Victory for the five Ural Sidecar Rigs which undertook the challenge of the 2013 Elephant Ride! Since the 2010 iteration of this yearly snow riding event, I've been part of our Uralisti group's efforts to make it to the highest point permissible from Grant, Colorado; along the Guanella Pass Road, to the Forest Service gate that bars access to vehicular traffic to the actual summit of Guanella Pass.
Last year, 2012, was the closest we'd gotten with me as part of the challenge group, we could see the Forest Service gate but a deep patch of snow stopped further progress of our rigs.
This year, five rigs started off shortly after 9:45 AM from Grant, following in the wake of multiple dirt bike riders. The first couple of miles had no snow at all! Eventually, we started seeing signs of snow, and finally hit patches of snow-covered road where the trees shielded the fallen snow from the Colorado Sun.
From the Burning Bear Campground's vicinity onwards, it was pretty much snow-covered road with brief stretches of bare pavement somewhat covered in hard ice. The ice was quite slippery to our rigs, and our two-wheeled brethren were having quite the time with it.
The Ural rigs made good if sometimes slow progress as we made our way uphill in the loose snow. There were deep ruts in the snow and little maneuvering room as we slowed to safely pass struggling two-wheeled riders. Pretty soon, I could see the Uralisti ahead of me reaching down to engage their 2WD function and I followed suit. The two wheels now being powered made a difference but there was still some slipping and sliding done by the rigs as we motored upwards to the parking spot at the hairpin turn before the "big drift".
It was soon time for our rigs to charge up the hill, all five of us in a line, easily negotiating the icy patches that gave the dirt bike riders pause. There were even spots where we had to disengage our 2WD since you can't run in that mode on dry pavement. The usual site of the "big drift" was where we expected it but the small amount of snow we've had so far this winter had created a rather small "big drift" that was easily negotiated by most of the rigs.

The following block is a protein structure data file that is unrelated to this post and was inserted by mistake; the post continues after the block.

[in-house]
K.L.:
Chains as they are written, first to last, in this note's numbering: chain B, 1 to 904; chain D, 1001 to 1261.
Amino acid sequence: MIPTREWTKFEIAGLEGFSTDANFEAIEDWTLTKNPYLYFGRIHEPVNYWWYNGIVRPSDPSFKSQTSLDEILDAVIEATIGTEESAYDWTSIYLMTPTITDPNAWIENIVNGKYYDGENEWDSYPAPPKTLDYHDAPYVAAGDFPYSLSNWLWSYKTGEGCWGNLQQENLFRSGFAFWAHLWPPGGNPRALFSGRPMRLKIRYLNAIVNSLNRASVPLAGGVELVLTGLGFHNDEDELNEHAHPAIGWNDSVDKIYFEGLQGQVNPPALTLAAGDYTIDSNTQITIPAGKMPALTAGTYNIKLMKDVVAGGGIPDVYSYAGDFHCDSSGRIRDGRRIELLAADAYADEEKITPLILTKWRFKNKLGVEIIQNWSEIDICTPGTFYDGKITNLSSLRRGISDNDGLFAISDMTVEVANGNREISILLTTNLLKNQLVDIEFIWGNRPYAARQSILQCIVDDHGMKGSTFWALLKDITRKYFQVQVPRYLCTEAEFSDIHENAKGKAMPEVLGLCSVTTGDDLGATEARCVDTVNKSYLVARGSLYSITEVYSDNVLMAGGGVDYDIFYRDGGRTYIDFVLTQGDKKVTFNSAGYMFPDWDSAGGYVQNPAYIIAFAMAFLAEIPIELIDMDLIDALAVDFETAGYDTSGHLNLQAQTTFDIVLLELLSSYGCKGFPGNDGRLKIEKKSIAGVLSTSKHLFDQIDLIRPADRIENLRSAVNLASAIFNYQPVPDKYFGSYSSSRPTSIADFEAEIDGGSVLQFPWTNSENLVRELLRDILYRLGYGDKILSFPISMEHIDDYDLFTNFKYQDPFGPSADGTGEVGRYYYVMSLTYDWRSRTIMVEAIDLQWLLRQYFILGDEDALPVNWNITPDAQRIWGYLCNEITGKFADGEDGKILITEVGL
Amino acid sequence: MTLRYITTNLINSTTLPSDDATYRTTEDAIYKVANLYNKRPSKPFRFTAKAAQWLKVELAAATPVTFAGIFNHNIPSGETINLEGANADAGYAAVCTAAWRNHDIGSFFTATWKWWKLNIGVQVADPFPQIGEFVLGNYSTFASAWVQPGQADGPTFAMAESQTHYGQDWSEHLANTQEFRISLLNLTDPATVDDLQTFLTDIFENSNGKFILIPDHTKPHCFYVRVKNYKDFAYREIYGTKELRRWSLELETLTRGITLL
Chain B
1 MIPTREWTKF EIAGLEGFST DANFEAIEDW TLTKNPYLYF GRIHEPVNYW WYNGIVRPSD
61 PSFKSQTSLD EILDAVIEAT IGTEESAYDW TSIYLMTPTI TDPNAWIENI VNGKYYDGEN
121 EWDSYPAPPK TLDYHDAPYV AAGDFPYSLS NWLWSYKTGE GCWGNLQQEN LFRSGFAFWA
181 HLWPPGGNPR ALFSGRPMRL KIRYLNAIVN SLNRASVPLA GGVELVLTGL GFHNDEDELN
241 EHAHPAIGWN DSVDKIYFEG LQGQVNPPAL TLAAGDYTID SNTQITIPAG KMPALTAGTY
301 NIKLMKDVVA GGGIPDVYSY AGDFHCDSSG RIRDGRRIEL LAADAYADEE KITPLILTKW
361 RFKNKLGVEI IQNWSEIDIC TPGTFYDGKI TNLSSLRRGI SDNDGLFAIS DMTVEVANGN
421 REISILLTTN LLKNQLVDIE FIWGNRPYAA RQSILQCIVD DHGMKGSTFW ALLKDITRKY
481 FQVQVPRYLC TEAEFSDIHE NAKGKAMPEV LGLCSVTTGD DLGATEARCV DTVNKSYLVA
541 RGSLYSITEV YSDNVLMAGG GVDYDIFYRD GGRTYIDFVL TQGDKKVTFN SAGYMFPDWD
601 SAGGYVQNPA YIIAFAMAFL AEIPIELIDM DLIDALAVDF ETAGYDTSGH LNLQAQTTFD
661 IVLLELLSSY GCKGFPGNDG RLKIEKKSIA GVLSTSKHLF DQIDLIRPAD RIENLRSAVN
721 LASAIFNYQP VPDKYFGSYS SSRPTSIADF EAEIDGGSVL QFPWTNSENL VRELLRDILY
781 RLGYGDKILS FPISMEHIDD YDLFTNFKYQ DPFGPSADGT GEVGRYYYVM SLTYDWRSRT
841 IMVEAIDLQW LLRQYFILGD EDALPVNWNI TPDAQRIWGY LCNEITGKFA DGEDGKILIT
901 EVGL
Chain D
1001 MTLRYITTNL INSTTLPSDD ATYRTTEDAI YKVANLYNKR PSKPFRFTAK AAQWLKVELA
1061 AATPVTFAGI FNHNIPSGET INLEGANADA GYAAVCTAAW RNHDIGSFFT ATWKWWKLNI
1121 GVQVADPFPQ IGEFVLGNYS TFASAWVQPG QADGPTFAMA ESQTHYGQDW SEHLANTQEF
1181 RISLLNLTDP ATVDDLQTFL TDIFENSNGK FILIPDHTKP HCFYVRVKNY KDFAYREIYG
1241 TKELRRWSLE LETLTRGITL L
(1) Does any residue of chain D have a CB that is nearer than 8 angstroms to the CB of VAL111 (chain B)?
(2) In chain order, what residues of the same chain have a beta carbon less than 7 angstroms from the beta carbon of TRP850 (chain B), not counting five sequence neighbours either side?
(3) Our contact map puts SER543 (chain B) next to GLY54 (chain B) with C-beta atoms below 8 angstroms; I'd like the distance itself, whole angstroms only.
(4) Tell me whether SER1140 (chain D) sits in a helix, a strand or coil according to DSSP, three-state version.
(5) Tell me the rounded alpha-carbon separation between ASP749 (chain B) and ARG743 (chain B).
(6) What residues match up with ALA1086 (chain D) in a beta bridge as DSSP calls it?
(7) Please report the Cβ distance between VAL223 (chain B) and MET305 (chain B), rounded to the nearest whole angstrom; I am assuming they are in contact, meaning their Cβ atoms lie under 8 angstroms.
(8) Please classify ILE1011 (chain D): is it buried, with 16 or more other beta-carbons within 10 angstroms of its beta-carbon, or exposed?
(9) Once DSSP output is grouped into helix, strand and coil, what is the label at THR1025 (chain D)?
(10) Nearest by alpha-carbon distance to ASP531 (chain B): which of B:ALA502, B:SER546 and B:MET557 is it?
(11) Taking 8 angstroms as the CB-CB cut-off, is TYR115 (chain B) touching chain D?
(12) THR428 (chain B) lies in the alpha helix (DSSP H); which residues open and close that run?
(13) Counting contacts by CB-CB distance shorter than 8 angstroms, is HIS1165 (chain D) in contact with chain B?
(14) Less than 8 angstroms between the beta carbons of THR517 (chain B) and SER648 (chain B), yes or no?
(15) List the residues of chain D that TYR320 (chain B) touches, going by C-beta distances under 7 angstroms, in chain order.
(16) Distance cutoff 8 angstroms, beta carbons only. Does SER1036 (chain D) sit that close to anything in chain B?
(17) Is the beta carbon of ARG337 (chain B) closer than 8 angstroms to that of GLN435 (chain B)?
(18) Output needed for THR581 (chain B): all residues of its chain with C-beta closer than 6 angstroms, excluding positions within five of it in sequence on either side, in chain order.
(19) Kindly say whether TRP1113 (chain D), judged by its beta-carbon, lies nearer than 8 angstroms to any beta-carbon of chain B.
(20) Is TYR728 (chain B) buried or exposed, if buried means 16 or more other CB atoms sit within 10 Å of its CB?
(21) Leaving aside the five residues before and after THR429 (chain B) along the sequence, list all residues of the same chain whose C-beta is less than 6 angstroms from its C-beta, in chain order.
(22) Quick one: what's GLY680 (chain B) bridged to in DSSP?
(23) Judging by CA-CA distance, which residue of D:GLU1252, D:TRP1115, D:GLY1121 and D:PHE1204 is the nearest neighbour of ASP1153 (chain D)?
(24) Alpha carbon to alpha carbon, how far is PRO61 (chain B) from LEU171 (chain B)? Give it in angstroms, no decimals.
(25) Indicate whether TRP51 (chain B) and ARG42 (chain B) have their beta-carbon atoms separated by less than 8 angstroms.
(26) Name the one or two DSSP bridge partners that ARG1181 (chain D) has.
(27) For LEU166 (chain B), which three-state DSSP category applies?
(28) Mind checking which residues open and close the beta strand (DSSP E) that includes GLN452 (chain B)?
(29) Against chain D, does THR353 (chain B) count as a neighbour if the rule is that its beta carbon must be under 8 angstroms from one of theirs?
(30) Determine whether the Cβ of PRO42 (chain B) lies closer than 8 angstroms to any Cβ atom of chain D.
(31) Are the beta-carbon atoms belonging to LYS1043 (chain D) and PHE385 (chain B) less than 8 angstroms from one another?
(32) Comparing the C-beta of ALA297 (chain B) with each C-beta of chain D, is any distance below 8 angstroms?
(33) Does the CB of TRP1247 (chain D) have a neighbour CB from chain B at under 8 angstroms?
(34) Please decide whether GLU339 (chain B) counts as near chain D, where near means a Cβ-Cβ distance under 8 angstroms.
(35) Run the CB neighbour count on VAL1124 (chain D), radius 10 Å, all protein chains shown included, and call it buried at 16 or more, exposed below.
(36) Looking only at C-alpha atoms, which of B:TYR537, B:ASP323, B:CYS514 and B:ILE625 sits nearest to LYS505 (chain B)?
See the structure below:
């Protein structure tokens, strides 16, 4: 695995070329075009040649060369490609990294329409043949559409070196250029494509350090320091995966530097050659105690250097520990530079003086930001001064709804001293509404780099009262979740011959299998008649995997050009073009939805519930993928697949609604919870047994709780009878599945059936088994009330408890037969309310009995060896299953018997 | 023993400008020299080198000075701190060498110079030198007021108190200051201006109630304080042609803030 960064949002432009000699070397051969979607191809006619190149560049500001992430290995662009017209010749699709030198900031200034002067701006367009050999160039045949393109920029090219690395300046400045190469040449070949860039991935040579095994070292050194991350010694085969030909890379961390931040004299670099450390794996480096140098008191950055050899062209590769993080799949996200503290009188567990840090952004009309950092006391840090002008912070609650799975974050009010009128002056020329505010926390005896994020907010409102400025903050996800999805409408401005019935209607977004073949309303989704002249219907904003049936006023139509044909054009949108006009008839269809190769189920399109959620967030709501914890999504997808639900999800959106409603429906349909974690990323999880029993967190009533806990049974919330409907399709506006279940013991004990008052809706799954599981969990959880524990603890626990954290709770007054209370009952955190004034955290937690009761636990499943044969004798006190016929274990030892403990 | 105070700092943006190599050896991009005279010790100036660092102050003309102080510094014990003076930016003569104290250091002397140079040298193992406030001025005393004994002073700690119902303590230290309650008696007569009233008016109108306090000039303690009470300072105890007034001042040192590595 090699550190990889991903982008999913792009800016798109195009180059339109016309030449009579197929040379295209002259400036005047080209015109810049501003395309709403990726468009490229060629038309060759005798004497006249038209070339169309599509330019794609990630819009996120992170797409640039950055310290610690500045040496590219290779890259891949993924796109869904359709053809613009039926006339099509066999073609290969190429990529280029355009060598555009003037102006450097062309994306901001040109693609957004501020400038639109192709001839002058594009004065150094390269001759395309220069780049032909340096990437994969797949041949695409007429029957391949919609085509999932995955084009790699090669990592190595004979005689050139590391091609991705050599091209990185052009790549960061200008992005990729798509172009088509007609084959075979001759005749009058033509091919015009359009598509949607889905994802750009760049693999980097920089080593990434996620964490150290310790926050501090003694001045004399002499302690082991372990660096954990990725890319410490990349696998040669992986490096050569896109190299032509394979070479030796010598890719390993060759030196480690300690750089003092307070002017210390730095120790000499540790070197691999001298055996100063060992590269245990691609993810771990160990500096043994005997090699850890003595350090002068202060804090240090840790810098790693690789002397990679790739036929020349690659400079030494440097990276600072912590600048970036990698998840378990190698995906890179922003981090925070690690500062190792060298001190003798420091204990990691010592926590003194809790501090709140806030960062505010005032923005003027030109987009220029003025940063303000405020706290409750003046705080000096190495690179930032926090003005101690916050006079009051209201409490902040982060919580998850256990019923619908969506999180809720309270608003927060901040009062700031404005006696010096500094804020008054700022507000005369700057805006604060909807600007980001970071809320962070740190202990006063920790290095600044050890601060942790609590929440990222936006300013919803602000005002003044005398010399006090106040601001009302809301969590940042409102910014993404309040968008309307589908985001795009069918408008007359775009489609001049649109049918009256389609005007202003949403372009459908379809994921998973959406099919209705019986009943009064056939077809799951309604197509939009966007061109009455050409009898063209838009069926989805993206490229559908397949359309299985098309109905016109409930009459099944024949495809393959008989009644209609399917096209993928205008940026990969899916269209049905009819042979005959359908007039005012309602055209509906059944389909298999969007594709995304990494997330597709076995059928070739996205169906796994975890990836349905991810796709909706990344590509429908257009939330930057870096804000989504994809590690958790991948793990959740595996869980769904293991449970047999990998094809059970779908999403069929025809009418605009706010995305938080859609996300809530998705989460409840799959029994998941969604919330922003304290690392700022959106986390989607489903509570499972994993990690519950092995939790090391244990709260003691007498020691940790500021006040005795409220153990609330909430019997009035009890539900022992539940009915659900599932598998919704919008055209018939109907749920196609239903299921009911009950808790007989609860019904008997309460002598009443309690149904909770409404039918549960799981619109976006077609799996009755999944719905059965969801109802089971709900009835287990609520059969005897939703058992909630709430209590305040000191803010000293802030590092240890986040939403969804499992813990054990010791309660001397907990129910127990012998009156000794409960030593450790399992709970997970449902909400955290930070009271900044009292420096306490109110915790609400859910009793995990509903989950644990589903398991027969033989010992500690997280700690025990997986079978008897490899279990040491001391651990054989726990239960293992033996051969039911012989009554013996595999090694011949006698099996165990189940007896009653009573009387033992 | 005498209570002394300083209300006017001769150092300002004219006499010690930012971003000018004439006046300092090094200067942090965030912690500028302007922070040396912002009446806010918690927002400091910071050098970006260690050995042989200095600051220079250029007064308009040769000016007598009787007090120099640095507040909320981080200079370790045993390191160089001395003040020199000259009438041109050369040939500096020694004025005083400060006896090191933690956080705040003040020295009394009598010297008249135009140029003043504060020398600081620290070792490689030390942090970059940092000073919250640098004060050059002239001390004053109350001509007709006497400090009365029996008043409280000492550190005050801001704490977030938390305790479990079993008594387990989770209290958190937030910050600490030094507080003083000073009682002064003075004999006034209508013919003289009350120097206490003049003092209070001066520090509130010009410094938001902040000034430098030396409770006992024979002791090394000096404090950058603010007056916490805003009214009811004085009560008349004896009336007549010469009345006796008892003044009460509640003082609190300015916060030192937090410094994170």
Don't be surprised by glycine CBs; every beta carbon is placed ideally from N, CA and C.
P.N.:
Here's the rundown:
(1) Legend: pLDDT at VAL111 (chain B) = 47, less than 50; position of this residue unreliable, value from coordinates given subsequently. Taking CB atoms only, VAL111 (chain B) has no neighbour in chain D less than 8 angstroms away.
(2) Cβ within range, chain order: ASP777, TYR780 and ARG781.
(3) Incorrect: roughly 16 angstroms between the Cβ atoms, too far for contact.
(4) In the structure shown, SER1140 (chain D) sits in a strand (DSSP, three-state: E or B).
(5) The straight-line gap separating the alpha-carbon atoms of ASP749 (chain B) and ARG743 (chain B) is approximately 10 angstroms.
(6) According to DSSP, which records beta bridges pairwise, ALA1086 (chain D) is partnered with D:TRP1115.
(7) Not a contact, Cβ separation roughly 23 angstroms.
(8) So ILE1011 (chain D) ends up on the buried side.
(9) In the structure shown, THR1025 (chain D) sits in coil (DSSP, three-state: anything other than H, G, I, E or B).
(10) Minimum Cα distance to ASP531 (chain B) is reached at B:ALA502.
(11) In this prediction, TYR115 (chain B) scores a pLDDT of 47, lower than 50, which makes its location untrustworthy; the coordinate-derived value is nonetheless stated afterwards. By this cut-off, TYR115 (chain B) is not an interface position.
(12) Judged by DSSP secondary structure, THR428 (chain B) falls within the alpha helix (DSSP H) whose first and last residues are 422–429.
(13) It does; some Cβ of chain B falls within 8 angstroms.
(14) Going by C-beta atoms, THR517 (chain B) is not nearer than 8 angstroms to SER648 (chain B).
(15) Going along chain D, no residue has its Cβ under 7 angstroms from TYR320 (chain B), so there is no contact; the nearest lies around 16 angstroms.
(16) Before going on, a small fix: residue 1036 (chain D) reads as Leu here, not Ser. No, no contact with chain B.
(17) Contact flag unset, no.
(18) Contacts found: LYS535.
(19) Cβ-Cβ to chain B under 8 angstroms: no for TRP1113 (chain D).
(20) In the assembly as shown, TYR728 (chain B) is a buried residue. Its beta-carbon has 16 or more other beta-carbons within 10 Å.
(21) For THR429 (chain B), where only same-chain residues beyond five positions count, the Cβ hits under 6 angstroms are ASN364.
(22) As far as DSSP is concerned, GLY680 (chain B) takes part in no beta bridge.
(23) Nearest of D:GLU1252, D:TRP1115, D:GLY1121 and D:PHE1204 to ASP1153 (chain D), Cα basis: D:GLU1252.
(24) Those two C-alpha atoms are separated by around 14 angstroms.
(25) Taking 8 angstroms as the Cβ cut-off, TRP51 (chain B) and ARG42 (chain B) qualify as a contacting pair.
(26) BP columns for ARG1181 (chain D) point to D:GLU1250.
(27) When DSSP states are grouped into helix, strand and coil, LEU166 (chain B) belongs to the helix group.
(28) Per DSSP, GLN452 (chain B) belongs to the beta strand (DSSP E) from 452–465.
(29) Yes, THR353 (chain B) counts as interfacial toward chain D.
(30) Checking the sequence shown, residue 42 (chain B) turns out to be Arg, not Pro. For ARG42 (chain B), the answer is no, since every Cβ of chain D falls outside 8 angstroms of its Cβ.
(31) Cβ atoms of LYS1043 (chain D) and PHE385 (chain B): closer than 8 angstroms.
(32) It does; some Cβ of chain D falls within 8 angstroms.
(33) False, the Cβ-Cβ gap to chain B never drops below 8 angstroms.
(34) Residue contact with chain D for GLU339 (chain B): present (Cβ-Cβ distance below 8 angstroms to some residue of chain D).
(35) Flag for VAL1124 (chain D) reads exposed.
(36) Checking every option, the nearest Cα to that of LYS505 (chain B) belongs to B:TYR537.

Soon after the drift, we were cruising past two stretches of somewhat deep and definitely loose snow and we all made it to the Forest Service Gate! Quite gratifying, though I know the mild winter we've had here in Colorado helped us with very small snow fall amounts.
Victory lineup at the Forest Service Gate, several of the dirt bikes were small enough to
go around the gate but they reportedly didn't get much farther up the road due to a pretty big snow drift.
Finally, it was time to go back down the mountain road. Downhill riding on snow is much easier than uphill riding on snow since Mr Gravity is now your friend. We got back to the bare dirt portions of the Guanella Pass road with no issues and continued on US285 back towards Bailey, CO.
Arriving at Bailey, we gassed up and proceeded to our usual "apres-elephant ride" cafe for a late lunch. The Cutthroat Cafe is a small diner with a friendly staff and owner and good food. Worth a stop if you find yourself hungry while riding near Bailey.
The couple at the table next to us remarked that they'd just passed through a pretty good snow storm on the way to Bailey from the Denver Metro Area. I thought it ironic that we'd see more fresh snow on the way home than we did going up Guanella Pass! Near the end of our meal, snow started coming down but not really sticking to the pavement yet.
We left Bailey under snowy skies, the roads wet but not icy. As we got past Crow Hill though, we saw a line of red brake lights ahead. Uh oh. There was an accident further up the hill from where we were and traffic started to stack up in front and behind us. We pulled the rigs over to a small pullout spot to assess the situation.
Emergency response vehicles came and went, finally after about 30 minutes, two large tow trucks drove past us. After about 50 minutes of delay in the cold and snow, we finally got moving again.
Pretty soon, we were past the accident site and traffic flow picked up in speed. Alex P. turned south at Pine Junction to motor home to Colorado Springs, he had the longest to go to get home today. He rides a 2011 Ural Gobi and I think he'll fit in just fine with the CZAR. Alex would later report it snowed on him all the way home.
The remaining four rigs used US285 all the way back to the Denver Metro Area and we soon split up headed our separate ways once we got to the C-470 interchange. It snowed on us all the way till shortly after Conifer and I for one was glad to see dry roads once again given all the cagers around us.
I got home shortly after 4:00 PM, washed off the road grime and magnesium chloride from Valencia before walking into the house. Great day of riding, no mechanical issues, we made it to the gate and met a new Uralista!
Ride Safe. Ride Aware.